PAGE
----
Having a wetsuit is a must for any athlete planning on doing an open water swim. However, there is a tremendous difference among the participants regarding age, size, body fat, and swimming ability in today's triathlons and open water swimming events. These factors affect an individual athlete's ability to withstand prolonged exposure to cold or warm water temperatures.
The possibility of hypothermia during open water swimming prompted wetsuits for triathlon and open water swimming events. Wetsuits of varying neoprene thickness were developed to help participants cope with cold-water events. However, as an athlete exerts themself during the swim and begins to heat up, the real possibility of hyperthermia, where the core body temperature is elevated, is also a serious problem. Because of this, most swimming events do not allow wetsuits if water temps are over 78 degrees.
Open water swim event participants need wetsuits for safety and buoyancy as much as temperature regulation. I've seen athletes drop out of competitions when told they would not be allowed to wear wetsuits due to high water temperatures.
Temperature regulation system wetsuits aim to solve this problem. Using individual body core temperature regulating neoprene, the TRS wetsuit will allow open-water swim participants to swim in all water temperatures safely without fear of hypothermia, hyperthermia, or drowning.
Temperature regulation system wetsuits would use micro-heading and cooling smart sensors embedded between two micro-thin neoprene layers. Users would take a core temperature reading for a week before their event using the wetsuit arm sensors. The wetsuit arm sensor would send the data to the TRS app to get a baseline body temperature.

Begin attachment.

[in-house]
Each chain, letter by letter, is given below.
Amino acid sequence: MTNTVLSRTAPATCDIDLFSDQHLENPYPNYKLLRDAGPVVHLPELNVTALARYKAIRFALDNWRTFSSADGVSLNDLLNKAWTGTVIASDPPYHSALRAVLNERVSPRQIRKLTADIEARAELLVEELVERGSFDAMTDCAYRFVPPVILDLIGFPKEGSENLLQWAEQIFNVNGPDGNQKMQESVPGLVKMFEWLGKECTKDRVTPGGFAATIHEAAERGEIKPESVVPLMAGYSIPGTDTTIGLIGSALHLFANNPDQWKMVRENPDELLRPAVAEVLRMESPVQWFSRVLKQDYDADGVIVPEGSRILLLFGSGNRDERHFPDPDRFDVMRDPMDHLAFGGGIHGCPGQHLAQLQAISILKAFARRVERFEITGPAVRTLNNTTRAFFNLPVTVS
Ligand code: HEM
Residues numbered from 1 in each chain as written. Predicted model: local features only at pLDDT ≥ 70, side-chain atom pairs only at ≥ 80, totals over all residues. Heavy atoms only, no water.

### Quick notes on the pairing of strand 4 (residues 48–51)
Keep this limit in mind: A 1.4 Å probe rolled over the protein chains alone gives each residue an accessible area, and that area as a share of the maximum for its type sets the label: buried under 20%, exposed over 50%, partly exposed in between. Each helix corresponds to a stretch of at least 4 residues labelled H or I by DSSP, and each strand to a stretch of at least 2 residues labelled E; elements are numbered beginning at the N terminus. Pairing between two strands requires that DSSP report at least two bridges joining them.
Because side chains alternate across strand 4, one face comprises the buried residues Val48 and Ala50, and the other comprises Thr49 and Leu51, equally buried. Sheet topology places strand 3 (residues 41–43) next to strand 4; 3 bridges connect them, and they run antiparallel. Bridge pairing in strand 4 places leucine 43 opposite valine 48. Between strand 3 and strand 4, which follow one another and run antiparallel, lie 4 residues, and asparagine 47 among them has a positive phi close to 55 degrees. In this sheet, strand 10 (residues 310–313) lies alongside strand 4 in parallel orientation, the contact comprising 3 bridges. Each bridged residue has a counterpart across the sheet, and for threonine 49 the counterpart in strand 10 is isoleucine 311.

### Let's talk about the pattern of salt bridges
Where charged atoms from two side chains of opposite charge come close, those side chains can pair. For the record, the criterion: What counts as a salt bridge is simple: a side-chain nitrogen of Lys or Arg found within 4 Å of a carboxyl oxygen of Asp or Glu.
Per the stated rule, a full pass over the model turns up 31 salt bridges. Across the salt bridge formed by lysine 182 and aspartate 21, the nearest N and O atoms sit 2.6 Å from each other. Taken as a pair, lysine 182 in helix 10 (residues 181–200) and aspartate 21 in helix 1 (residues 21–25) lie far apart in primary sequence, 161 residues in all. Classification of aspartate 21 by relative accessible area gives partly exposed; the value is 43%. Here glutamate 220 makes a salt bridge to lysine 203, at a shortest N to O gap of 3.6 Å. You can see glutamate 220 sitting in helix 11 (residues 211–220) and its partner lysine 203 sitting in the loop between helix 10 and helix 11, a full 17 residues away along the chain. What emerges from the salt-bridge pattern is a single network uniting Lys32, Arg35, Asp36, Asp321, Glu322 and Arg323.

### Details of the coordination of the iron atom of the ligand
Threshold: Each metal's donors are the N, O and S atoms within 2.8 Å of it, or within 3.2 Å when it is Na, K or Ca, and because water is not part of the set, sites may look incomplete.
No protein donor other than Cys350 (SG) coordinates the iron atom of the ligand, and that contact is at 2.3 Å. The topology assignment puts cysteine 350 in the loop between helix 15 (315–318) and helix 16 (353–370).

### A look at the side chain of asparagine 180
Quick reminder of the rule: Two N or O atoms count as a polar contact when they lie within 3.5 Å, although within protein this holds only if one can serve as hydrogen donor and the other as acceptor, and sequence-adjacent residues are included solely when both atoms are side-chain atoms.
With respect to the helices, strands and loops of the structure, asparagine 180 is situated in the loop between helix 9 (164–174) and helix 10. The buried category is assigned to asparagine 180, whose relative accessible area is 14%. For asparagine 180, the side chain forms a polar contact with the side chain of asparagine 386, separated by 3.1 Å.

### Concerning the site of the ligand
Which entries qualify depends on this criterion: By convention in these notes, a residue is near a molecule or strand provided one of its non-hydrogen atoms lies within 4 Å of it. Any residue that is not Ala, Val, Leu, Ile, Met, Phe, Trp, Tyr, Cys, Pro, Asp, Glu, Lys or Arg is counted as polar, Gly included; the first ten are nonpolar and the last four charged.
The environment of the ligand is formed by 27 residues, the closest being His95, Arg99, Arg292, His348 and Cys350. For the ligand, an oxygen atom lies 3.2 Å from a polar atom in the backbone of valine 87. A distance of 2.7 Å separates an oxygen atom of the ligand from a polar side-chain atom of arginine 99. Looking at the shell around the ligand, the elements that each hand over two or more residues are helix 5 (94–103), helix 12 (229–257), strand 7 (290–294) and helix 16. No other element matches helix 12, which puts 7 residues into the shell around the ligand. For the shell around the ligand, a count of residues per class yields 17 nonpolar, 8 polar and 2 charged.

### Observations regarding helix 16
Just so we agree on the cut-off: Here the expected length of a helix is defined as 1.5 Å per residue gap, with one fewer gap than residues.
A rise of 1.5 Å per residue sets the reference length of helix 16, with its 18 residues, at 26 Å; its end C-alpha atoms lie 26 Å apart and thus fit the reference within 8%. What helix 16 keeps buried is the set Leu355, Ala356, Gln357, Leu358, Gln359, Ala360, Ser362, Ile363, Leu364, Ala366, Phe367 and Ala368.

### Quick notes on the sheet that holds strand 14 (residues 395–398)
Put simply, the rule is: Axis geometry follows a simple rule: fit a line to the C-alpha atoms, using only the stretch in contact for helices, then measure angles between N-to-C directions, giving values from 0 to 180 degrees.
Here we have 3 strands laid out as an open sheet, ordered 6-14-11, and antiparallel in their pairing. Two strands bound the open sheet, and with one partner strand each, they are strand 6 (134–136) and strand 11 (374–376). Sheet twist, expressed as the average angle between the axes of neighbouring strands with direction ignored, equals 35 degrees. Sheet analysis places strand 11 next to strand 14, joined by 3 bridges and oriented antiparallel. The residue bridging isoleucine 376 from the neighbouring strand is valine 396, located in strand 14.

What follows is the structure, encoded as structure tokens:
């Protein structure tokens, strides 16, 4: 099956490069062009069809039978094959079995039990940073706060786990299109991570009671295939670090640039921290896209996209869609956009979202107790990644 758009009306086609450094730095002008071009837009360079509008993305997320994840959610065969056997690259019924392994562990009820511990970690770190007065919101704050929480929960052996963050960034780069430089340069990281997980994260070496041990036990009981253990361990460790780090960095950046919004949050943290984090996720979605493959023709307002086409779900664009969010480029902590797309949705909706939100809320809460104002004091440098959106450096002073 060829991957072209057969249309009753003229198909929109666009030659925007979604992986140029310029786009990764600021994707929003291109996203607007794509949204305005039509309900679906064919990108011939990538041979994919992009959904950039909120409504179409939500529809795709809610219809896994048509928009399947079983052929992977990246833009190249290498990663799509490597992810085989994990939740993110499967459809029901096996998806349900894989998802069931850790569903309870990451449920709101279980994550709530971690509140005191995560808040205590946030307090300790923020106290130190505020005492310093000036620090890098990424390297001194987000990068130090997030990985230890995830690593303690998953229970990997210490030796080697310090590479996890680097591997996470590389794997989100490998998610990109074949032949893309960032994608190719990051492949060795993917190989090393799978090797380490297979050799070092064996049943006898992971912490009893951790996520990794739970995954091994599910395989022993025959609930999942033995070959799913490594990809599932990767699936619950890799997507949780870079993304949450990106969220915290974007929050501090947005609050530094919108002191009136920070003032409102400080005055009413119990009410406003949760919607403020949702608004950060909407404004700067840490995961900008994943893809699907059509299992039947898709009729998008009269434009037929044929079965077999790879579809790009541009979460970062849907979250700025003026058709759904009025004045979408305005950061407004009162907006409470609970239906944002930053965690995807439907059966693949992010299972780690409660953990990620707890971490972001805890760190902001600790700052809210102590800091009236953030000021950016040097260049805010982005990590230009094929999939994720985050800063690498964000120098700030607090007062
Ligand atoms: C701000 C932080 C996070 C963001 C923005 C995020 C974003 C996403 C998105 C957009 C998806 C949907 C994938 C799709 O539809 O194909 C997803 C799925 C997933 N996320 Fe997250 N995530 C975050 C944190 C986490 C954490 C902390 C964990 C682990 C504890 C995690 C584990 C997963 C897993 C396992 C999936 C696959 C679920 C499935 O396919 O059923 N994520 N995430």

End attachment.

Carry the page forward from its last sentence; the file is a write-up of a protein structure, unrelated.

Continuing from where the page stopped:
On the day of the event, the sensor would heat or cool down based on the average core body temperature and the water temperature. The suit would maintain a constant core body temperature throughout the race.
The data would be sent to the app for analysis after the event. However, if the participant had "smart goggles," they could monitor their core temperature and water temperature fluctuations throughout the race.
The swim goggles shown can be purchased here: FORM
Anyone can do a triathlon or an open water swim event. The only thing you need is some time to prepare. And the right motivation to get out there and do it. A new entry into the wearables emerging platform, the TRS wetsuit is for every athlete who wants to participate in an event with an open water swim. It is also targeted towards athletes who need the safety and security of a wetsuit in open water, even if the temperature is above 78 degrees. It is for athletes who participate in cold water swim events such as the "Swim to Alcatraz." Hypothermia is a real danger, especially when the water temperature is below 57 degrees. A wetsuit that heats (and cools) as necessary based on individual core body temperature will make every swim more enjoyable, can lead to peak performance, and can literally be lifesaving.
While the primary first-round focus for TSR wetsuits is triathletes, embedded temperature sensors are can easily be applied to wetsuits for surfing and scuba diving.
What makes the TRS wetsuit so unique is the temperature sensors that instantly heat or cool the website based on an individual's particular core body temperature during extreme conditions. Thus, an athlete won't have to surrender a wetsuit, which makes the swim safer for the athlete in hot weather and warmer water temperatures. Another essential feature of this product is the sensors can be placed into all weights of neoprene. A great advantage would be only having to buy one suit for any event. Whether a swimmer needs the buoyancy of a 5 mm weight neoprene or the flexibility of thin 0.3 weight, the sensors can be placed in any wetsuit. The temperature regulation would work equally well in fridged or tepid water.
The accompanying app would be recording the temperature, heart rate data during the swim for analysis after the event.